Along similar lines of redevelopment, the Mass MOCA (Museum of Contemporary Art) is in the old Sprague Capacitor factory in North Adams, MA. They've done an absolutely bang-up job of making a brownfield mill site into the hub of a newly revitalised town. There is also the nearby Porches Inn; it is built from what were once row houses for the factory workers, and retains the charm. Charm that yuppies can rent for $180 a night and up.(yuppies like me. Loved it.)

Visit MassMOCA, it's worth the trip.

On preview: PGH has benefitted greatly from the Heinz family money; I'm not sure Buffalo has local benevolents of such means.
posted by Triode 27 December | 01:12
Miko, I've been wondering myself what rustbelt cities can do to avoid a full on Detroit scale collapse. At this point I've realized that for all practical purposes, some such cities are a lost cause. Camden NJ would be one such example. I pity the few remaining inhabitants. What a place like Buffalo needs most is a foothold in an industry with long term growth potential. Short term, I'd look to the former East Germany for models of how to turn things around. I'm not quite sure what they did there, but somehow absorption of the East was to some degree successful.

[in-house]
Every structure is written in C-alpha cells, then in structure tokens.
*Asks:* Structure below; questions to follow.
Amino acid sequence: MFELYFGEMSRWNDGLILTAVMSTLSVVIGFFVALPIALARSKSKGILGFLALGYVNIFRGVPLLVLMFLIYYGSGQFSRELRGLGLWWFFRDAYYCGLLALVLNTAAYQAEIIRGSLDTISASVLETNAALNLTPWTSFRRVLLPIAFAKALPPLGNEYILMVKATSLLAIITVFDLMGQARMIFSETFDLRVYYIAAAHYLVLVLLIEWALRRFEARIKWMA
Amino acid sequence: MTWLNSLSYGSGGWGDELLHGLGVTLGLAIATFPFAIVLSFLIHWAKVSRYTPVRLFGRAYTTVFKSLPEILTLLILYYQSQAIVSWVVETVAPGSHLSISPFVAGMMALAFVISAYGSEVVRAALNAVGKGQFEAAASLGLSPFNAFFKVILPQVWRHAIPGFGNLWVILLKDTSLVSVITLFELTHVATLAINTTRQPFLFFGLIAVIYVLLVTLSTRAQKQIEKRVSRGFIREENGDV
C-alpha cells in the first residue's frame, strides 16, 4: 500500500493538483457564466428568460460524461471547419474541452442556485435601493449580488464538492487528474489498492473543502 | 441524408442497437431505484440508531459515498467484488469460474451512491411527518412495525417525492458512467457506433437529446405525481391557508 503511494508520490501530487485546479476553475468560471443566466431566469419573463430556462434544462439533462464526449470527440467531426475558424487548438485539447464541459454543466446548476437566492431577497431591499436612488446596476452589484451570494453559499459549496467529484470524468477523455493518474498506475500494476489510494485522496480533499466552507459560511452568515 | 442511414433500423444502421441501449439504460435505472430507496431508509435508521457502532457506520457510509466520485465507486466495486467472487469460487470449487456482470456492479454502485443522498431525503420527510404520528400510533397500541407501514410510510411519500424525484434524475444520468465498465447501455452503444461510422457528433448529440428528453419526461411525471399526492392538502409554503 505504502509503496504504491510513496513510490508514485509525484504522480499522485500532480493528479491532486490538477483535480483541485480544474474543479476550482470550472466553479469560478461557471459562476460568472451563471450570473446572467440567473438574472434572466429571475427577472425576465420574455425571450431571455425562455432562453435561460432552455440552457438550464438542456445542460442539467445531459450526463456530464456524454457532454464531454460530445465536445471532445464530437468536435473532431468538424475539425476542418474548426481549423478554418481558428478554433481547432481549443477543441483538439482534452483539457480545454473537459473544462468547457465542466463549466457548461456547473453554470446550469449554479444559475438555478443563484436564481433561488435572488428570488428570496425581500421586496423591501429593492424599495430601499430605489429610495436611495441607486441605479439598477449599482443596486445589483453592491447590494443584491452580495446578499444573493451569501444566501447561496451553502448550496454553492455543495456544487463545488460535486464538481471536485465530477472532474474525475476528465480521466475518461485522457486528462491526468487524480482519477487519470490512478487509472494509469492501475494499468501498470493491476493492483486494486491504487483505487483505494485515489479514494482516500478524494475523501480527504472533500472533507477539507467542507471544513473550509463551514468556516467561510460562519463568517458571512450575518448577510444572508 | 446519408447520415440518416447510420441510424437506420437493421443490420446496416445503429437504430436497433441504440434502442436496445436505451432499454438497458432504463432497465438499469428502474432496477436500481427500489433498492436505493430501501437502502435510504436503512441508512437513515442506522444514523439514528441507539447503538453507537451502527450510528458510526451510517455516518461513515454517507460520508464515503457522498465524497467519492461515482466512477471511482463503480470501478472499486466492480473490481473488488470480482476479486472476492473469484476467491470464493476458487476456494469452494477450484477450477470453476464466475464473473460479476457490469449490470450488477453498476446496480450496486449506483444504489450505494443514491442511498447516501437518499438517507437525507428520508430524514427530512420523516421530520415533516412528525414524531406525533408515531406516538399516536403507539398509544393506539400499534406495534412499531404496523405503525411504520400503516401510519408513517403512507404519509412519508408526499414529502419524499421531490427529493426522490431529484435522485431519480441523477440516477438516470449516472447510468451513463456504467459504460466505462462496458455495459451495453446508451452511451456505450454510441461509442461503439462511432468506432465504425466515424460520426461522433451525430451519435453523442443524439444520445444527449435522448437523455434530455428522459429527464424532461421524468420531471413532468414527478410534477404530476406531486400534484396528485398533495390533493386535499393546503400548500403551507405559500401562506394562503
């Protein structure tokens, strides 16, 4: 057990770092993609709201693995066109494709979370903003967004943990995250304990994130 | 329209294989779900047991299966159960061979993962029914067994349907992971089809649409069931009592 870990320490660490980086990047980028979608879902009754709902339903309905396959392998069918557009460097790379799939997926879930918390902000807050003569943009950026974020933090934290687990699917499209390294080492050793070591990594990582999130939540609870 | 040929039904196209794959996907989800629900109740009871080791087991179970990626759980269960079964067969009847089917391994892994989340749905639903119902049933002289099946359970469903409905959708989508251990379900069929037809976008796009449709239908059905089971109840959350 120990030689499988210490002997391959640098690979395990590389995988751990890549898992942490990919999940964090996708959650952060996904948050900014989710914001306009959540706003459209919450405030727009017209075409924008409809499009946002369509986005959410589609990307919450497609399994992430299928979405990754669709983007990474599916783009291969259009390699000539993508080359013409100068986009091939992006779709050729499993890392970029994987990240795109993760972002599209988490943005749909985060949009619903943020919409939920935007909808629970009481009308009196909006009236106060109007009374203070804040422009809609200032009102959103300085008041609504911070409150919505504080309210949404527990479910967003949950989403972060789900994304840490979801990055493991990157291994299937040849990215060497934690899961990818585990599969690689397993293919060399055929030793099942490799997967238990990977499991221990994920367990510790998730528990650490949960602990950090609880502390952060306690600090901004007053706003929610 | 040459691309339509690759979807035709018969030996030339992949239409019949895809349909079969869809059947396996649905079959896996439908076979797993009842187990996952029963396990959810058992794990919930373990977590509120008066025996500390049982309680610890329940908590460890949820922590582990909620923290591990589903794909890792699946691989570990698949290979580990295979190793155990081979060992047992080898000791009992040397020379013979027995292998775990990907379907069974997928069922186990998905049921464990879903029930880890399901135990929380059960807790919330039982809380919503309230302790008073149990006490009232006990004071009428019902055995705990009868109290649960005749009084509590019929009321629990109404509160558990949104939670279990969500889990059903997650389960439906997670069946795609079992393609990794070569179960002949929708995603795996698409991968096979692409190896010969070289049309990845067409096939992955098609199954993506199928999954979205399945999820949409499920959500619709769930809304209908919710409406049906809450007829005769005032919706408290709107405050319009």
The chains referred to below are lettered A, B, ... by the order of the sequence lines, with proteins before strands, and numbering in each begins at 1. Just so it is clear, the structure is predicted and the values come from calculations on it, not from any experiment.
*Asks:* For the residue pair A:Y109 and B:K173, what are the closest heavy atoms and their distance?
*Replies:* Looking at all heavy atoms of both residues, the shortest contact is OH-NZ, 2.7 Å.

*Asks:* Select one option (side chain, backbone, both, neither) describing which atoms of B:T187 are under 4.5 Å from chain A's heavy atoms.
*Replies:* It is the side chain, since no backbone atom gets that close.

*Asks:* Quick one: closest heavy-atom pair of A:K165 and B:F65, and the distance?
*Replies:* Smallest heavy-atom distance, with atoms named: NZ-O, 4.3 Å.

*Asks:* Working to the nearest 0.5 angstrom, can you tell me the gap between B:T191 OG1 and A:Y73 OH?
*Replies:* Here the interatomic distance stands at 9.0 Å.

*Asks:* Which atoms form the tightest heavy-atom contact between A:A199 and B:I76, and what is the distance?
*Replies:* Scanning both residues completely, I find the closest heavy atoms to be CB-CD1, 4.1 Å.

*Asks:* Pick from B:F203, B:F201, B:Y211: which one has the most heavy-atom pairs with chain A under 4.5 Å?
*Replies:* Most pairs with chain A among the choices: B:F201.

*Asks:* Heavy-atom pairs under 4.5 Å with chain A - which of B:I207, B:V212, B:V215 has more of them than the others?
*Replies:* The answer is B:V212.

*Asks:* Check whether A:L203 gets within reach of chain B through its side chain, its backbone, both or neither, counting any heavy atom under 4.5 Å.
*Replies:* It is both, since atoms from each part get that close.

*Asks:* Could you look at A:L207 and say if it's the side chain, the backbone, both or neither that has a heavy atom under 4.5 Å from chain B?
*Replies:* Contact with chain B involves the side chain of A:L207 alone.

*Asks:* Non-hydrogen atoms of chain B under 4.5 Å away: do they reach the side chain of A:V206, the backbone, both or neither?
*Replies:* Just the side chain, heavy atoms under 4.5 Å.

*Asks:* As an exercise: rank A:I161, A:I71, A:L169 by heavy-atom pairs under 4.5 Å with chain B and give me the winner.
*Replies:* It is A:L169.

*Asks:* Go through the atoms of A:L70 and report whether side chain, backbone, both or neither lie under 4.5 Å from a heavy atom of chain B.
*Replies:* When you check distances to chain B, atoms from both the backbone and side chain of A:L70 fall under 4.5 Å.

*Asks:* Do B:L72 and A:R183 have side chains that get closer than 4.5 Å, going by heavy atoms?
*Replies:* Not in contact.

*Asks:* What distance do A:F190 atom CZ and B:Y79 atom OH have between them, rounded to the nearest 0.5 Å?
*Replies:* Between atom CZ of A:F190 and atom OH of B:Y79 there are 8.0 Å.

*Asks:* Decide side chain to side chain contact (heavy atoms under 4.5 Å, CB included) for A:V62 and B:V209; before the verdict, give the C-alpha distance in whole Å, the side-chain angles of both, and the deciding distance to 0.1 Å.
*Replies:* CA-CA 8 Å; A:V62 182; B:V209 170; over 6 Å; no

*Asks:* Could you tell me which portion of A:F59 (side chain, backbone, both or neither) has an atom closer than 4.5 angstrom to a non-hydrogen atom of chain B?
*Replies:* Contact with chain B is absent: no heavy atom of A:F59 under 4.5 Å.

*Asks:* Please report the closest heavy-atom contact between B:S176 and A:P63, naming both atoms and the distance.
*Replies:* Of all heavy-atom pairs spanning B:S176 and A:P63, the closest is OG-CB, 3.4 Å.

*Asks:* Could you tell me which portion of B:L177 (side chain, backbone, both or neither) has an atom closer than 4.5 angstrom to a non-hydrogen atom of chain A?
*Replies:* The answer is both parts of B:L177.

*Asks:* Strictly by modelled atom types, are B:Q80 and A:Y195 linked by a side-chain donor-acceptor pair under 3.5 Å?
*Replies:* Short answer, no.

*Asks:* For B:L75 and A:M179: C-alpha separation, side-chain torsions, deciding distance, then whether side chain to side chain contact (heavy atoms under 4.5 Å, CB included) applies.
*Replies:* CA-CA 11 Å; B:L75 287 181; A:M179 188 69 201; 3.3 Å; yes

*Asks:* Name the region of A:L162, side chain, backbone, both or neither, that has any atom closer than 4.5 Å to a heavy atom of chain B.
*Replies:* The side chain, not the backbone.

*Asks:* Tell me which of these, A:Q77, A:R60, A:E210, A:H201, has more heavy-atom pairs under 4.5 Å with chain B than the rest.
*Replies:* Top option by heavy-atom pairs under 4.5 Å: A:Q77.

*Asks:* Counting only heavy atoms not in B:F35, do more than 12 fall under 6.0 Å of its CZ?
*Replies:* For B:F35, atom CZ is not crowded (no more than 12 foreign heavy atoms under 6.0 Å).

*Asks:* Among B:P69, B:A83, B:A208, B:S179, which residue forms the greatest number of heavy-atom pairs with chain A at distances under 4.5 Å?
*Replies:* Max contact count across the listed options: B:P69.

This Times Mag article, which I've probably posted before, describes a remarkable effort in East Germany to reclaim a toxic obsolete industrial complex and create an outdoor recreational facility which preserved the physical legacy of the past, like a ginormous version of Seattle's Gassworks Park, and created an epic public park.

The grain elevator district south of Buffalo's downtown could do with this sort of treatment.

As for funding, a good chunk of it should come from the proceeds of a lawsuit which the county preservation society won, forcing the State to uphold its legal obligation to maintain and enhance the sites which it placed on the historic inventory.

The City's lack of coordination, and at worst, outright corruption, could be a major problem however. I think this would make many developers wary of doing business there. Recall, that for the most part, developers don't have large funds of their own. They go out and do the leg work with somebody else's money, and those investors might not want to pony up for any kind of public/private venture, where the public half of the equation has a poor reputation for honesty and competence.